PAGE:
• Hedged item – changes primarily remove restrictions that prevent some economically rational hedging strategies from qualifying for hedge accounting. The following are eligible hedged item:
      • a hedged item can be a recognised asset or liability, an unrecognised firm commitment, a forecast transaction or a net investment in a foreign operation. The hedged item can be:
        • A single item, or Hedge accounting requirements
        • A group of items. Hedge accounting requirements

If the hedged item is a forecast transaction, it must be highly probable.

      • Risk components of non-financial items. Under IFRS 9, risk components can be designated for non-financial hedged items (as well as financial hedged items as well as a mix of both), provided the component is separately identifiable and the changes in fair value or cash flows of the item attributable to the risk component are reliably measurable. This requirement could be met where the risk component is either explicitly stated in a contract (contractually specified) or implicit in the fair value or cash flows (non-contractually specified). Entities that hedge commodity price risk that is only a component of the overall price risk of the item, are likely to welcome the ability to hedge separately identifiable and reliably measurable components of non-financial items.When identifying the non-contractually specified risk components that are eligible for designation as a hedged item, entities need to assess such risk components within the context of the particular market structure to which the risks relate and in which the hedging activity takes place.Such a determination requires an evaluation of the relevant facts and circumstances, which differ by risk and market. Hedge accounting requirements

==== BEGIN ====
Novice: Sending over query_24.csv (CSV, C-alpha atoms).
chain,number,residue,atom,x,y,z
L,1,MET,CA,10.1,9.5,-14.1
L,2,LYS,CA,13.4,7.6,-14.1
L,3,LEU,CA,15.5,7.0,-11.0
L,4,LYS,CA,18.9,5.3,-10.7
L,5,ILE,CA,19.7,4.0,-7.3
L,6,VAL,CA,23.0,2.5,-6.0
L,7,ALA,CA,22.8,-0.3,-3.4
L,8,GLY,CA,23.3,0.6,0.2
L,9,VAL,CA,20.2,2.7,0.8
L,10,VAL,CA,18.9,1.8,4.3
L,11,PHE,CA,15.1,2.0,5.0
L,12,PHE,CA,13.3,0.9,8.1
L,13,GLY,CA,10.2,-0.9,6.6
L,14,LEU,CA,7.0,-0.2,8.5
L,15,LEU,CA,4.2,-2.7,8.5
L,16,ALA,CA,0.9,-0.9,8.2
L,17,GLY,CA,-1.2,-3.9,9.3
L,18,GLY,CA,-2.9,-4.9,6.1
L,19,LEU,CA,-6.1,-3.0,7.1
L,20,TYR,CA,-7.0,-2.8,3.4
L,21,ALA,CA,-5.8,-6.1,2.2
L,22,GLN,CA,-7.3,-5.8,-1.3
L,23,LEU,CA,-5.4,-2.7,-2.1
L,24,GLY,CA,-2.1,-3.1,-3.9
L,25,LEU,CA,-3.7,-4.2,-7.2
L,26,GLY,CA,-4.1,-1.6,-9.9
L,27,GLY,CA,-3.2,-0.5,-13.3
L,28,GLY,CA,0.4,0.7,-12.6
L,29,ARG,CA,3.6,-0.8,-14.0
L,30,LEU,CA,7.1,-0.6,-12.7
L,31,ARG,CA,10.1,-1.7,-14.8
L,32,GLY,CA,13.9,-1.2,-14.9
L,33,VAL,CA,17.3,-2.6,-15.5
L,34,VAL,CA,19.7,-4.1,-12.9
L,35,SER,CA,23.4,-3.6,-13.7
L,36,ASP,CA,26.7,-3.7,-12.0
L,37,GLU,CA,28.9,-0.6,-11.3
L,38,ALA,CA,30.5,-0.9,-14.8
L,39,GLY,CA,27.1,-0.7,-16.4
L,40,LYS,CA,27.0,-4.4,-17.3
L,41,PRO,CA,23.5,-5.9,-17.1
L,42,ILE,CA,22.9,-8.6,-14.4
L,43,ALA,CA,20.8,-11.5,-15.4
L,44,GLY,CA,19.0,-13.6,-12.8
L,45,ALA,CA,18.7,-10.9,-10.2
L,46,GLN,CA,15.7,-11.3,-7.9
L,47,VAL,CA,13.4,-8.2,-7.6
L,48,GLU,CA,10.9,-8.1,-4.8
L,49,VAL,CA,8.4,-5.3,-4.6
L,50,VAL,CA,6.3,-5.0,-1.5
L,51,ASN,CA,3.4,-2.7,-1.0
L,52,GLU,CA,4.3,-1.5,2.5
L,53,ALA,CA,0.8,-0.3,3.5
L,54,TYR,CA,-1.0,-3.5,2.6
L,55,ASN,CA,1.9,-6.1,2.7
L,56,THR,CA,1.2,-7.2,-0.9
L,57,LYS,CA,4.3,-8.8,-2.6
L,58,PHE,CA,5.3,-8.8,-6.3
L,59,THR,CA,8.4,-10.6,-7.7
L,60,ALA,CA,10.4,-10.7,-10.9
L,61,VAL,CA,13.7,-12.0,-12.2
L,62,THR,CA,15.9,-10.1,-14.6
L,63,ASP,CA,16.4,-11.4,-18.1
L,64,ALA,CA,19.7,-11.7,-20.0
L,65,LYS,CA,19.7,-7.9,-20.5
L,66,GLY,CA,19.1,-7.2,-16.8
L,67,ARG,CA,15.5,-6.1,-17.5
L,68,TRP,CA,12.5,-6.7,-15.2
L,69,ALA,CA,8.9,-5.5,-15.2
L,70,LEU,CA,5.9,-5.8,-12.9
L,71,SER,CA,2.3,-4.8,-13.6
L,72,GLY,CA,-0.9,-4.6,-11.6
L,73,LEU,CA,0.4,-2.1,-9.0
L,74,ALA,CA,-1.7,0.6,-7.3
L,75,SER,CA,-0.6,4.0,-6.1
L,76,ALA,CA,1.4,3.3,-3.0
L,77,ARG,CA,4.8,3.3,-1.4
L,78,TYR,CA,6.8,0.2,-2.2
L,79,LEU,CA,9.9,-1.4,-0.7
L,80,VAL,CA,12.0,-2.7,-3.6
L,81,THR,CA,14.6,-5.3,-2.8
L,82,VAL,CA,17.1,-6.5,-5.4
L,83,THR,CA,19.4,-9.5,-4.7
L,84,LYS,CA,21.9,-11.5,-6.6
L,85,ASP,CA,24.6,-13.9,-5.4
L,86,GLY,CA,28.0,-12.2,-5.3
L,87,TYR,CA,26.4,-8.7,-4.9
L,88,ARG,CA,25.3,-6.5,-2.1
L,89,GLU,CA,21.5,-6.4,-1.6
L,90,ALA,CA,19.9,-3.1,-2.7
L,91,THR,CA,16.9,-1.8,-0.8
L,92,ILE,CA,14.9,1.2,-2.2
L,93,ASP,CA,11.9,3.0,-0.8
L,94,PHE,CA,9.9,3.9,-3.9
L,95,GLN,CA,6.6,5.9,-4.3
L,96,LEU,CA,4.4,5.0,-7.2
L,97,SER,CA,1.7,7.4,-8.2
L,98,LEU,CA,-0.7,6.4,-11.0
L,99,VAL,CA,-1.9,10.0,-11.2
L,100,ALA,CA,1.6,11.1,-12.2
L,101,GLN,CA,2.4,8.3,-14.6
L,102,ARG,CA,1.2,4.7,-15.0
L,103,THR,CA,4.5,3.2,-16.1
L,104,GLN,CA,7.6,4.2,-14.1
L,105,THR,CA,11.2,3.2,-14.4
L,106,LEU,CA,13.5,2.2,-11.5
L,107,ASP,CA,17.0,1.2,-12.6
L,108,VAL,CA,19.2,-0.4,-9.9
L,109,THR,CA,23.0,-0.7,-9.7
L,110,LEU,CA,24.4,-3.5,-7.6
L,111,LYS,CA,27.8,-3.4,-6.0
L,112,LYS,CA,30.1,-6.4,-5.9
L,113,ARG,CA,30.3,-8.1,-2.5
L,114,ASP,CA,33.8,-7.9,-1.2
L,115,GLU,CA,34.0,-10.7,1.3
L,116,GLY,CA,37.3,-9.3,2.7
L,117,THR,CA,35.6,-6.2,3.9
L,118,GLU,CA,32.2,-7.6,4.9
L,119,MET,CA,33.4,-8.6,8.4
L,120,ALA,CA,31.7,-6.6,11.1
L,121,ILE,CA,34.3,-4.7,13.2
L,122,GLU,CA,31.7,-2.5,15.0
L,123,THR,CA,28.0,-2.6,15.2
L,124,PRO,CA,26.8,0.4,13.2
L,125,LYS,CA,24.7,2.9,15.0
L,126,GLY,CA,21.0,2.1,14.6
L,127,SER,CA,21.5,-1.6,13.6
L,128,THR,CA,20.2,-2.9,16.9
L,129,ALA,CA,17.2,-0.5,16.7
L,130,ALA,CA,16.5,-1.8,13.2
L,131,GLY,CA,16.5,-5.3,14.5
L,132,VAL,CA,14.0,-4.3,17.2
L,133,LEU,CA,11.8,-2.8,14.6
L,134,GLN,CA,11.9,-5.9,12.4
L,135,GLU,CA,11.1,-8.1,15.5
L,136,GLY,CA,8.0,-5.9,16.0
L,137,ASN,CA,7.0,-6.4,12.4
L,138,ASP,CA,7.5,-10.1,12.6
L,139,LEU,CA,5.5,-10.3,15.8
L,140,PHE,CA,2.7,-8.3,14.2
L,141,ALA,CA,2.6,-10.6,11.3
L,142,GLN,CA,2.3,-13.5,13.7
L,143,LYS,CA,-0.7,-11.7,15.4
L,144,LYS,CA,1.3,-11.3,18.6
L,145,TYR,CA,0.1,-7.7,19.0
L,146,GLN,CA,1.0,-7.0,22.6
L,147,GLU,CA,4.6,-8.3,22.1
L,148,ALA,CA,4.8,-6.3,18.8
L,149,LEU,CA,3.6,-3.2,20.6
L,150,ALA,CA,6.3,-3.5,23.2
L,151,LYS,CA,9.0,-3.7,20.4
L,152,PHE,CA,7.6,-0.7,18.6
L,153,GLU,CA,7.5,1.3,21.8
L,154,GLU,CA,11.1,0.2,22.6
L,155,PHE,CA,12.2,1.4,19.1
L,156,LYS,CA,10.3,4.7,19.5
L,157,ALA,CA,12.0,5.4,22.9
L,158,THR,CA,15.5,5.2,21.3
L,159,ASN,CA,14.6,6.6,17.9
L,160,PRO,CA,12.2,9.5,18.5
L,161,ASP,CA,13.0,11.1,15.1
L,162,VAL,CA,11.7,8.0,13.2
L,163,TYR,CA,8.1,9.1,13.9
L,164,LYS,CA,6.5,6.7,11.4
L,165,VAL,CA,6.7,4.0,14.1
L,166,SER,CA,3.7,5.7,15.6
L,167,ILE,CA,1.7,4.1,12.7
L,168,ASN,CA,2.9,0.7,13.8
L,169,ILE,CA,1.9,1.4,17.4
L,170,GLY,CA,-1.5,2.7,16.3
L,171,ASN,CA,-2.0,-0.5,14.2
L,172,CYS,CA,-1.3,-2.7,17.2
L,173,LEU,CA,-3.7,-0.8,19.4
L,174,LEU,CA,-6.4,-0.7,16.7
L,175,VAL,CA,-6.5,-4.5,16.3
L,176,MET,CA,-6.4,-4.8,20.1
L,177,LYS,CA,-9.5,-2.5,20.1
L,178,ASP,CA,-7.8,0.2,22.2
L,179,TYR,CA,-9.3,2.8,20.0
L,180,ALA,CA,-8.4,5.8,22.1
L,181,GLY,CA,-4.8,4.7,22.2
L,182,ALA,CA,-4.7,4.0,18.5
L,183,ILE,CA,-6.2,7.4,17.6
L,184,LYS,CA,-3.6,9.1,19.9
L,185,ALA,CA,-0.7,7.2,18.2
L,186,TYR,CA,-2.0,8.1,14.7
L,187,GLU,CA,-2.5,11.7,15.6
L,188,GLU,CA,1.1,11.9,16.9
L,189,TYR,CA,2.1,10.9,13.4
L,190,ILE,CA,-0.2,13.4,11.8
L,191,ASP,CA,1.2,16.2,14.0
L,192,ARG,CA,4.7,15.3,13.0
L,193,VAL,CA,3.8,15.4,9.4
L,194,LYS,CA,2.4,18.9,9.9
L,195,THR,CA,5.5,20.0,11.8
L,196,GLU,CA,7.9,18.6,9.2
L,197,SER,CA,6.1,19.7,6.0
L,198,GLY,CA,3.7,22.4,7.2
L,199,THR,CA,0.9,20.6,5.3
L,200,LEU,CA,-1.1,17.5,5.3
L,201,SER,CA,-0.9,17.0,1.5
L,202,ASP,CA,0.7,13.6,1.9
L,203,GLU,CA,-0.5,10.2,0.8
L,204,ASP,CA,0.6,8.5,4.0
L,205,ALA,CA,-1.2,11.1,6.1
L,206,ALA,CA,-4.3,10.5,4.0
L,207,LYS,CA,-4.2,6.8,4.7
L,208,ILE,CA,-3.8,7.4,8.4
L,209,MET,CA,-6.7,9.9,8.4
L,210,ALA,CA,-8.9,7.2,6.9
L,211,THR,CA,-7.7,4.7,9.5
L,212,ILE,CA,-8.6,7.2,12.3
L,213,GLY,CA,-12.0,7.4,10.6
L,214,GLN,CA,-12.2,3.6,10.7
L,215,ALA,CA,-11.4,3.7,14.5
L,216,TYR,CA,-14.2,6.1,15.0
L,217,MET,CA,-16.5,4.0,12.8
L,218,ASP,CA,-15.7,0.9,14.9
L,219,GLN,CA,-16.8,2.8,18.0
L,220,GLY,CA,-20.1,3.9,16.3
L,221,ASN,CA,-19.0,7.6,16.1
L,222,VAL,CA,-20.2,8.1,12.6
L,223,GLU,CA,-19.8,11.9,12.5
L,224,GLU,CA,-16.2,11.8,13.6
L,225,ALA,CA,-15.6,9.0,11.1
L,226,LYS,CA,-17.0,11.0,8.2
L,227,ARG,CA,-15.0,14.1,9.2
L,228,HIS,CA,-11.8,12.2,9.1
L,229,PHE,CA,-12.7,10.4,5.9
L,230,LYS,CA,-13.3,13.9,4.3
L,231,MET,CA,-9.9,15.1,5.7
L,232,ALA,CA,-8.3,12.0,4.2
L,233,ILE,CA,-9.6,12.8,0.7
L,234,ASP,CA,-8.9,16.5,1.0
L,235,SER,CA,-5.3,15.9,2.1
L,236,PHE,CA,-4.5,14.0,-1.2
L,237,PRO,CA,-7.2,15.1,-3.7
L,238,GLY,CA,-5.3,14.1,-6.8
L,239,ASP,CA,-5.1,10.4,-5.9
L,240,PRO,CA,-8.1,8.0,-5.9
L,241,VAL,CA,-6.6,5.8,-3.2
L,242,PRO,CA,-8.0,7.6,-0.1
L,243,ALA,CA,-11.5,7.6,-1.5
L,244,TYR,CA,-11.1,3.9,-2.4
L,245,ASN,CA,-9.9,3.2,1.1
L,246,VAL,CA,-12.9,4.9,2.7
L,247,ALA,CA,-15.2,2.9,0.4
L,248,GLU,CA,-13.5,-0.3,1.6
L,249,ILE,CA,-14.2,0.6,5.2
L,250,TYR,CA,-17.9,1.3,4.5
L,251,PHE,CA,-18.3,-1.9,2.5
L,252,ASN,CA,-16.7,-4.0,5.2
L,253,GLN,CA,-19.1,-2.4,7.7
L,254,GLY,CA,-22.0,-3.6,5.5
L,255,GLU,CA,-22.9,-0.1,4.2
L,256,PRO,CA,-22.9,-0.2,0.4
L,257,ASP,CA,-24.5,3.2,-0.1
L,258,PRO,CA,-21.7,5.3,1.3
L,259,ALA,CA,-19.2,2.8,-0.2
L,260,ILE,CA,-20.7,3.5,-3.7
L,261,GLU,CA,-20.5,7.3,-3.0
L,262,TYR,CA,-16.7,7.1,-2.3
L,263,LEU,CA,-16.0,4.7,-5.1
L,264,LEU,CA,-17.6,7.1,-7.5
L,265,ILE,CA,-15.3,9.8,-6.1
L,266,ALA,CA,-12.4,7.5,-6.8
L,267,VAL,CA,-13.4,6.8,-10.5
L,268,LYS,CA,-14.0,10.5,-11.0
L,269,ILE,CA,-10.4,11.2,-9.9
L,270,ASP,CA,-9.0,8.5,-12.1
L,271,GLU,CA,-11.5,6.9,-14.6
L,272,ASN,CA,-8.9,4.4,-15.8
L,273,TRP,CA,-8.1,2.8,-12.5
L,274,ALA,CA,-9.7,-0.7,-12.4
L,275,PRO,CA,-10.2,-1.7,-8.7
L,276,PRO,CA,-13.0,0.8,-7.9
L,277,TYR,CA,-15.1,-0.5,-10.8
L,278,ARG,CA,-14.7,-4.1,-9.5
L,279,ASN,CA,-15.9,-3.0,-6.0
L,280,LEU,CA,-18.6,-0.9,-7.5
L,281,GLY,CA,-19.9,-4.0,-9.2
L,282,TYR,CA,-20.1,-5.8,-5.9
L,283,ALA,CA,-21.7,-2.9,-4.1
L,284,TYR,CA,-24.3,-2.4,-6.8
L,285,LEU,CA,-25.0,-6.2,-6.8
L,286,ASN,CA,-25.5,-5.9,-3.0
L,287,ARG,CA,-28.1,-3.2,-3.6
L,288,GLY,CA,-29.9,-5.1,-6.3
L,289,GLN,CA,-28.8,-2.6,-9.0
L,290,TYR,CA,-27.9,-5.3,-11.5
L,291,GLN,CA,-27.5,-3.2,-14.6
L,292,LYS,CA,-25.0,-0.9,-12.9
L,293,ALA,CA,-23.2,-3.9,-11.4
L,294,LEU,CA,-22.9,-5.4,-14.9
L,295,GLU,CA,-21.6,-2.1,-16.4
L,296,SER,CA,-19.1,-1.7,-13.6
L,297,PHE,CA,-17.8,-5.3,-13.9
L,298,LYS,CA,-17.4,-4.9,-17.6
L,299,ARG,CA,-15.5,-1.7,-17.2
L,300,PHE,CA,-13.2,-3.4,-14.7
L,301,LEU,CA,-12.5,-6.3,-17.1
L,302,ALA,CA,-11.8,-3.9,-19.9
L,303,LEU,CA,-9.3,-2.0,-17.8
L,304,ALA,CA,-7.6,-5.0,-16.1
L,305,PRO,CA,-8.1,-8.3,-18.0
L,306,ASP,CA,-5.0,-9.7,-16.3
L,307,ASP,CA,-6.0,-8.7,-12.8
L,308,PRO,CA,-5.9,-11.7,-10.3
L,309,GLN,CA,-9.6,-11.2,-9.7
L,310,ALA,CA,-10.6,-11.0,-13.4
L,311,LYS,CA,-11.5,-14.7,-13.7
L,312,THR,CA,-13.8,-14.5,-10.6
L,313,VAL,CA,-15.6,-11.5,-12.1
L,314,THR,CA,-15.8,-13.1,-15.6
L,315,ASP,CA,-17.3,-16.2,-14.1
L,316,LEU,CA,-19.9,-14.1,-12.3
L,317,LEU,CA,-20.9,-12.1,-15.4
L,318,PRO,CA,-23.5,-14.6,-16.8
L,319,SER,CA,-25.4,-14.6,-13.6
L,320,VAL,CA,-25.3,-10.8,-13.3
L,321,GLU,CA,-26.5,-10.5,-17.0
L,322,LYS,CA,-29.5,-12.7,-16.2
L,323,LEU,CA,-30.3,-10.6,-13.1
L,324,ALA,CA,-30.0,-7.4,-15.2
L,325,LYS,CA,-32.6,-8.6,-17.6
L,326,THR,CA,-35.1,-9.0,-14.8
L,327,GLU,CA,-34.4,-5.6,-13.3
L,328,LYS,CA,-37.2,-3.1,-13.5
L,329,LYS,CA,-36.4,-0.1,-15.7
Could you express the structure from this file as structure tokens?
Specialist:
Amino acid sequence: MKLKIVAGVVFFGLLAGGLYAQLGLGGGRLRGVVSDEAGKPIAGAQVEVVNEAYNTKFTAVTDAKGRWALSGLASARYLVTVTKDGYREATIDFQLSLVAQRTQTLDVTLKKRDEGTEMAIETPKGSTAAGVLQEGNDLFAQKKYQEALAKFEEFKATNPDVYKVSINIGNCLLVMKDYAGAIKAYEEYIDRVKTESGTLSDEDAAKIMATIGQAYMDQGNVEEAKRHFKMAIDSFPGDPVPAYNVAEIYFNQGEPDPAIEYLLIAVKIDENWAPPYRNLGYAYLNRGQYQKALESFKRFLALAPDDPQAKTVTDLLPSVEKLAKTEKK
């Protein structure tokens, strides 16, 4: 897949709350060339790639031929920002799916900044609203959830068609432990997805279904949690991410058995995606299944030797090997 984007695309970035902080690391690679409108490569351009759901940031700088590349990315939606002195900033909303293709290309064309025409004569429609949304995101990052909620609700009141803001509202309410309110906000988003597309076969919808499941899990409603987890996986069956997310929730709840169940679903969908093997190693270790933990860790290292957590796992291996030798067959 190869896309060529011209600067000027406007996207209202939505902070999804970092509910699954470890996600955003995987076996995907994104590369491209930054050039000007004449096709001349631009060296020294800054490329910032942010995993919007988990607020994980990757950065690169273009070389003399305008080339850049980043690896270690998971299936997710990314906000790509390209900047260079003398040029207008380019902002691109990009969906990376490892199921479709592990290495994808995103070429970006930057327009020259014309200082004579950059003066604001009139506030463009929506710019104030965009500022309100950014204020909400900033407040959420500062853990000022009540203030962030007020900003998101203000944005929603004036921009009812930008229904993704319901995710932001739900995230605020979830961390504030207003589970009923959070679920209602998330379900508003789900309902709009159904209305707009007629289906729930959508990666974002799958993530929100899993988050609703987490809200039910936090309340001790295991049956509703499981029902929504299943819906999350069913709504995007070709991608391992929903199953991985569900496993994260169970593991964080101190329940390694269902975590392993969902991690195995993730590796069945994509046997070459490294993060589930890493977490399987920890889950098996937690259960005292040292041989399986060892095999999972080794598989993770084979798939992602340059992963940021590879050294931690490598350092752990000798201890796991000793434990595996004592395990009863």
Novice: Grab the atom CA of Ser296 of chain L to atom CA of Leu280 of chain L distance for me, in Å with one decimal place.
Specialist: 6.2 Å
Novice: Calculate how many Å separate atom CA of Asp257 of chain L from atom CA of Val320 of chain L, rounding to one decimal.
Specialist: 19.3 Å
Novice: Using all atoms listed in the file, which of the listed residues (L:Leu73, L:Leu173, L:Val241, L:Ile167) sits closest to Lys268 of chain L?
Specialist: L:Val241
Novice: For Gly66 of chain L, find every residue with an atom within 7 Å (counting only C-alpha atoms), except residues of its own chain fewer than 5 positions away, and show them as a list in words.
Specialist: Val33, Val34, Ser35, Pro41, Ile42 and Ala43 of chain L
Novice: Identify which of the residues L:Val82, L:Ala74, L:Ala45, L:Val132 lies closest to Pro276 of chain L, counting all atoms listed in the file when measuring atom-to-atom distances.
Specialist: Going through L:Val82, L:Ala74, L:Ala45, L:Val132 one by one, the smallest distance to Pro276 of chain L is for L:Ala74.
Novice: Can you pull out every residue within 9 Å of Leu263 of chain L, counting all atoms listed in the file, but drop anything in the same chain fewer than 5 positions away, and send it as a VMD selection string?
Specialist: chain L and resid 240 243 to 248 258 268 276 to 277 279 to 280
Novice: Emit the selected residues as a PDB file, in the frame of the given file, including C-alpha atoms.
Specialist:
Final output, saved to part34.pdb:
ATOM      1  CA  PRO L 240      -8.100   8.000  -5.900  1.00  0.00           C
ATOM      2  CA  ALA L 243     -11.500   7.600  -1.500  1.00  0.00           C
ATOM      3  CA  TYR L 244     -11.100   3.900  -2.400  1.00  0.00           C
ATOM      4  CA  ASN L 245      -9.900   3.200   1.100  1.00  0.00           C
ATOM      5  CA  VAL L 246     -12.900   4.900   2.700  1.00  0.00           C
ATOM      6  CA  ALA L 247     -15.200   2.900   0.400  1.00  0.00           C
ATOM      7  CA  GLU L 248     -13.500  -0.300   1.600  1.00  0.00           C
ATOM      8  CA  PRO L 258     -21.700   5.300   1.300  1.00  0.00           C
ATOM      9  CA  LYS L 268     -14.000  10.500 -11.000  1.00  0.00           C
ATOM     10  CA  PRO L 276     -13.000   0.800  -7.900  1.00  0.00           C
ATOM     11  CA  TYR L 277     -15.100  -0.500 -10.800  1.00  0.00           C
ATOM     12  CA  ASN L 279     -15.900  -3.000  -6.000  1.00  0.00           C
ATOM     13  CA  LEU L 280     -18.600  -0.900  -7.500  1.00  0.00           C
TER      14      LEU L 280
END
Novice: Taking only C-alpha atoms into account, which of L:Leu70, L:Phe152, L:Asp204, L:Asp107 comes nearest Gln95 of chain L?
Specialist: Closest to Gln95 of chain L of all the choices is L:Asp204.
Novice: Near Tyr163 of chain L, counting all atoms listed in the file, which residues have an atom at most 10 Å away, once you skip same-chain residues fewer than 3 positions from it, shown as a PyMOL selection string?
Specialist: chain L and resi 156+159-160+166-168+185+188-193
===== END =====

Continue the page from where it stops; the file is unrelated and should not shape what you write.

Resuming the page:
The Board believes that there is a rebuttable presumption that, unless inflation risk is contractually specified, it is not separately identifiable and reliably measurable, and so it cannot be designated as a risk component of a financial instrument. Hedge accounting requirements